Jewish leaders have lambasted the “pathetic” response from the Arts and Humanities Research Council as it dismissed concerns about a conference on Israel’s Bedouin and “settler colonialism”.
The funding body angered community leaders this week with its response to a letter from the Board of Deputies, sent last Monday, which highlighted the “intellectual dishonesty” of the University of Exeter event in October.
The conference – called ‘Gender and Settler Colonialism: Women’s Oral Histories in the Naqaq’ – deals with the sensitive issue of Bedouin land rights in Israel. Organisers say they will “challenge Israel’s alleged exceptionality”.
Last week Board Chief Executive Gillian Merron said: “We regard this project with deep concern as it appears to be a disingenuous attempt to politicise the Bedouin issue in the wider context of the Israeli-Palestinian conflict.”
Prof. Rick Rylance, chief executive of the AHRC, said: “I am sorry that this matter is causing concern within your organisation and the broader Jewish community.”
However, he refuted the Board’s suggestions that the conference “fails to meet the required standards of the AHRC to benefit it with financial support”.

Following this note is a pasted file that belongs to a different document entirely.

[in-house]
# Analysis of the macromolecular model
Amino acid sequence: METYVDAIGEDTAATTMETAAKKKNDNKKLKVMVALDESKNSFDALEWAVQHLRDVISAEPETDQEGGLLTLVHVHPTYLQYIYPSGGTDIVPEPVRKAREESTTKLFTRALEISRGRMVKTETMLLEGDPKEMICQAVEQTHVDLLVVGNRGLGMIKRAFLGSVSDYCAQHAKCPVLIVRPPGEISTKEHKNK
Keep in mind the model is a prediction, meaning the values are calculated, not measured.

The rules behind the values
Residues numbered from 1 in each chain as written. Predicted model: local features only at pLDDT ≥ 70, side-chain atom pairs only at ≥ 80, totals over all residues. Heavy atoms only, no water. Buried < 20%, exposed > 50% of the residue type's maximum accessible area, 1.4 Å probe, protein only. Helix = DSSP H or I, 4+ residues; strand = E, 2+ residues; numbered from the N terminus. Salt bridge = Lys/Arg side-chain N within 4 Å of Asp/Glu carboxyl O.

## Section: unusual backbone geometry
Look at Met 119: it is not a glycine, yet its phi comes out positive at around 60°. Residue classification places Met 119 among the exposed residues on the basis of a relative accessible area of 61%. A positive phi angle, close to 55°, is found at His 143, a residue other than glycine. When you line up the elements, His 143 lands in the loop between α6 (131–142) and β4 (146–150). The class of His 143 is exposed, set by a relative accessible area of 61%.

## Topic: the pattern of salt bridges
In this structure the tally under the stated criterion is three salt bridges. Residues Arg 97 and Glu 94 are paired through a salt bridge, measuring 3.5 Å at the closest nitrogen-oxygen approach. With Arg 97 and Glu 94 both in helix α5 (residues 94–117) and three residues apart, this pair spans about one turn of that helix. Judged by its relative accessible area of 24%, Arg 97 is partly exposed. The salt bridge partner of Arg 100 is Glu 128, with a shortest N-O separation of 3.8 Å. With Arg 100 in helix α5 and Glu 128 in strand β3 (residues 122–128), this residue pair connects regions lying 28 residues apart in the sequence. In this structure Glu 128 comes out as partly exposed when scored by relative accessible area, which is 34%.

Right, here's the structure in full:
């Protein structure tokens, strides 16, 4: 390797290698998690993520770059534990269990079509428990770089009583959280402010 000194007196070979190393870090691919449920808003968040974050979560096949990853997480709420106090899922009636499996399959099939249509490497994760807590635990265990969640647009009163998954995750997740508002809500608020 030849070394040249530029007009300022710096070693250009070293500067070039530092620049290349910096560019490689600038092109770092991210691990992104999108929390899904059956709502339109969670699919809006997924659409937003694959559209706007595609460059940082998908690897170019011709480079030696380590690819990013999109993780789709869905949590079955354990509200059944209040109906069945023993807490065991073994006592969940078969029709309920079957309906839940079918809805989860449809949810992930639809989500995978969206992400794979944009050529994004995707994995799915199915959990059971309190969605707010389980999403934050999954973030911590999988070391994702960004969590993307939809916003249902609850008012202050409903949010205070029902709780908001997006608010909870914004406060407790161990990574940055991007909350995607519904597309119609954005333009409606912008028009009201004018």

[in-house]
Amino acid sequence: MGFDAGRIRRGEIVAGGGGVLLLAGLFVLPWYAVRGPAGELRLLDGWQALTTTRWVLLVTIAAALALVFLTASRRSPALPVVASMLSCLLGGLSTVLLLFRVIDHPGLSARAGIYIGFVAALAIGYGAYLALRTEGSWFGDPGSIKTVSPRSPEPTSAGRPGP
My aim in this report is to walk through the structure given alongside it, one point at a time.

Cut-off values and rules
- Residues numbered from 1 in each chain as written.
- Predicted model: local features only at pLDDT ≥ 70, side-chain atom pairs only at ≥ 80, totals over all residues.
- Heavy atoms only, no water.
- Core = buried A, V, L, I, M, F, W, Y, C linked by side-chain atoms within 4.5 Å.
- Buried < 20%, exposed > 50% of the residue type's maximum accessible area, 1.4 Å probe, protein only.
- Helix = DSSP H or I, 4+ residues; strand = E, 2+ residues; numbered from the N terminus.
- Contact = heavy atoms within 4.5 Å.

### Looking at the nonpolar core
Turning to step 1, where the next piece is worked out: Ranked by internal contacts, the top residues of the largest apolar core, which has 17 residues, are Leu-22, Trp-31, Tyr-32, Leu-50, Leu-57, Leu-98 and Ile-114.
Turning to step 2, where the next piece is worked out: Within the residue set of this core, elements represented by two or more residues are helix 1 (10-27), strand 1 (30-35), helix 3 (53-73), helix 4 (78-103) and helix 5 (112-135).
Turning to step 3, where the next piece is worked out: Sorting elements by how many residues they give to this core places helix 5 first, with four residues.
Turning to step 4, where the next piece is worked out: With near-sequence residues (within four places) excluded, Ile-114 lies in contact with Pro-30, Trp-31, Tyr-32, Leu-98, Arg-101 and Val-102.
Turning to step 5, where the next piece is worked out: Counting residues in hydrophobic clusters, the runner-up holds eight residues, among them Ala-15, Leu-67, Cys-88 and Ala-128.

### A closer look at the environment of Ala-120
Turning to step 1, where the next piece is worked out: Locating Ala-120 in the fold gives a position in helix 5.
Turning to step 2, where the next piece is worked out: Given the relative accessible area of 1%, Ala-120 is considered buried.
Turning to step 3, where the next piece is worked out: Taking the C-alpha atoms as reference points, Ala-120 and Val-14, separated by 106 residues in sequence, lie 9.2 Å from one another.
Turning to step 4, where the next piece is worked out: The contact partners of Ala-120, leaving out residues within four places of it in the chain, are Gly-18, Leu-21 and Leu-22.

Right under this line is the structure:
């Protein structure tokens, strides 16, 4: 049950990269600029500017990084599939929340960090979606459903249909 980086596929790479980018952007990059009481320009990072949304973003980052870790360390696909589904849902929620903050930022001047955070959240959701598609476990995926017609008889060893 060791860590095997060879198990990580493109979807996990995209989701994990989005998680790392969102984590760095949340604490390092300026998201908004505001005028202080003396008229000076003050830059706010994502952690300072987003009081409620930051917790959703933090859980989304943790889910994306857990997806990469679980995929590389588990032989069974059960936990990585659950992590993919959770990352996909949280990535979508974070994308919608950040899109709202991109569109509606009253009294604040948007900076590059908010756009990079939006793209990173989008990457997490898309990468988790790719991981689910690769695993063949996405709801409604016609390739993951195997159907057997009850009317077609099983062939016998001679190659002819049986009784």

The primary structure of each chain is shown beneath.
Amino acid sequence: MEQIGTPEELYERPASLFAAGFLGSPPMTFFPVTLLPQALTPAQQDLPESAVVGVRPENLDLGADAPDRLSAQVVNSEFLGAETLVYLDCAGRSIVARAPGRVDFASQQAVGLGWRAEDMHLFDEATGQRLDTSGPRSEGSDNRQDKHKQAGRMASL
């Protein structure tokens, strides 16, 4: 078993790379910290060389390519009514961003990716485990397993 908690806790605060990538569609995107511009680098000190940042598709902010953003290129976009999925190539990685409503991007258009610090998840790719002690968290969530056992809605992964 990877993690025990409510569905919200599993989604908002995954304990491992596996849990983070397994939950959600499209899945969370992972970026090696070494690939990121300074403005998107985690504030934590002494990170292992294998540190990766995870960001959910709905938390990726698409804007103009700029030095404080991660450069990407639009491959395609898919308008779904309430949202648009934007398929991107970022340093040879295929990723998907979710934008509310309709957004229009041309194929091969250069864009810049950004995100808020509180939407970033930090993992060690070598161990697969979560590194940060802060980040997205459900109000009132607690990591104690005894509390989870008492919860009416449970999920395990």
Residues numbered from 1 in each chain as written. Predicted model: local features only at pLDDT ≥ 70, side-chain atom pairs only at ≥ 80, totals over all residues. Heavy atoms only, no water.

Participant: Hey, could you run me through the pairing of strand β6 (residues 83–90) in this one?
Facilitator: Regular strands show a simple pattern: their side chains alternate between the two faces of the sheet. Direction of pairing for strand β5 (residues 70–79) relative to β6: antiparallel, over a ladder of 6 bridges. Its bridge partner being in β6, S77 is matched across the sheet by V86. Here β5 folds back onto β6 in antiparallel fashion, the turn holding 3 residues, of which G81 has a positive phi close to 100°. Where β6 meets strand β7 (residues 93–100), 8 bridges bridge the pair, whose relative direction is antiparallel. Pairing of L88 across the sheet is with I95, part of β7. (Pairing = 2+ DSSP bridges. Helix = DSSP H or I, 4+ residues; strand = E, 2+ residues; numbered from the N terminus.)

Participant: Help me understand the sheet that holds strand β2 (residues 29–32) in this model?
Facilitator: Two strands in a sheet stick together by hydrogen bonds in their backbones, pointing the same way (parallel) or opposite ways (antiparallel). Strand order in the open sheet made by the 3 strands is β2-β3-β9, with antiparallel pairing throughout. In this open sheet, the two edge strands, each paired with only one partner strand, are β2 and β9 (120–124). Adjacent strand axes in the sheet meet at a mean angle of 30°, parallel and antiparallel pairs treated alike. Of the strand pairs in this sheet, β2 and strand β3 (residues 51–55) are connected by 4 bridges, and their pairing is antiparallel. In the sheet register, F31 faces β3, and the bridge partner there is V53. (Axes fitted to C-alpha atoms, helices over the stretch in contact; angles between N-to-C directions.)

He said: “Under open calls, the AHRC has no role in setting or developing individual research topics. The research questions proposed stem from ideas and research methods generated by academic applicants themselves.”
On Tuesday, a Board spokesman said: “We are very disappointed with the AHRC’s response, which fails to address the key concerns raised.”
He added: “We will be writing to them again to press the point that we are unhappy with the way in which academic debate is apparently being suppressed by conference organisers through poorly publicised calls for papers and pre-selection.”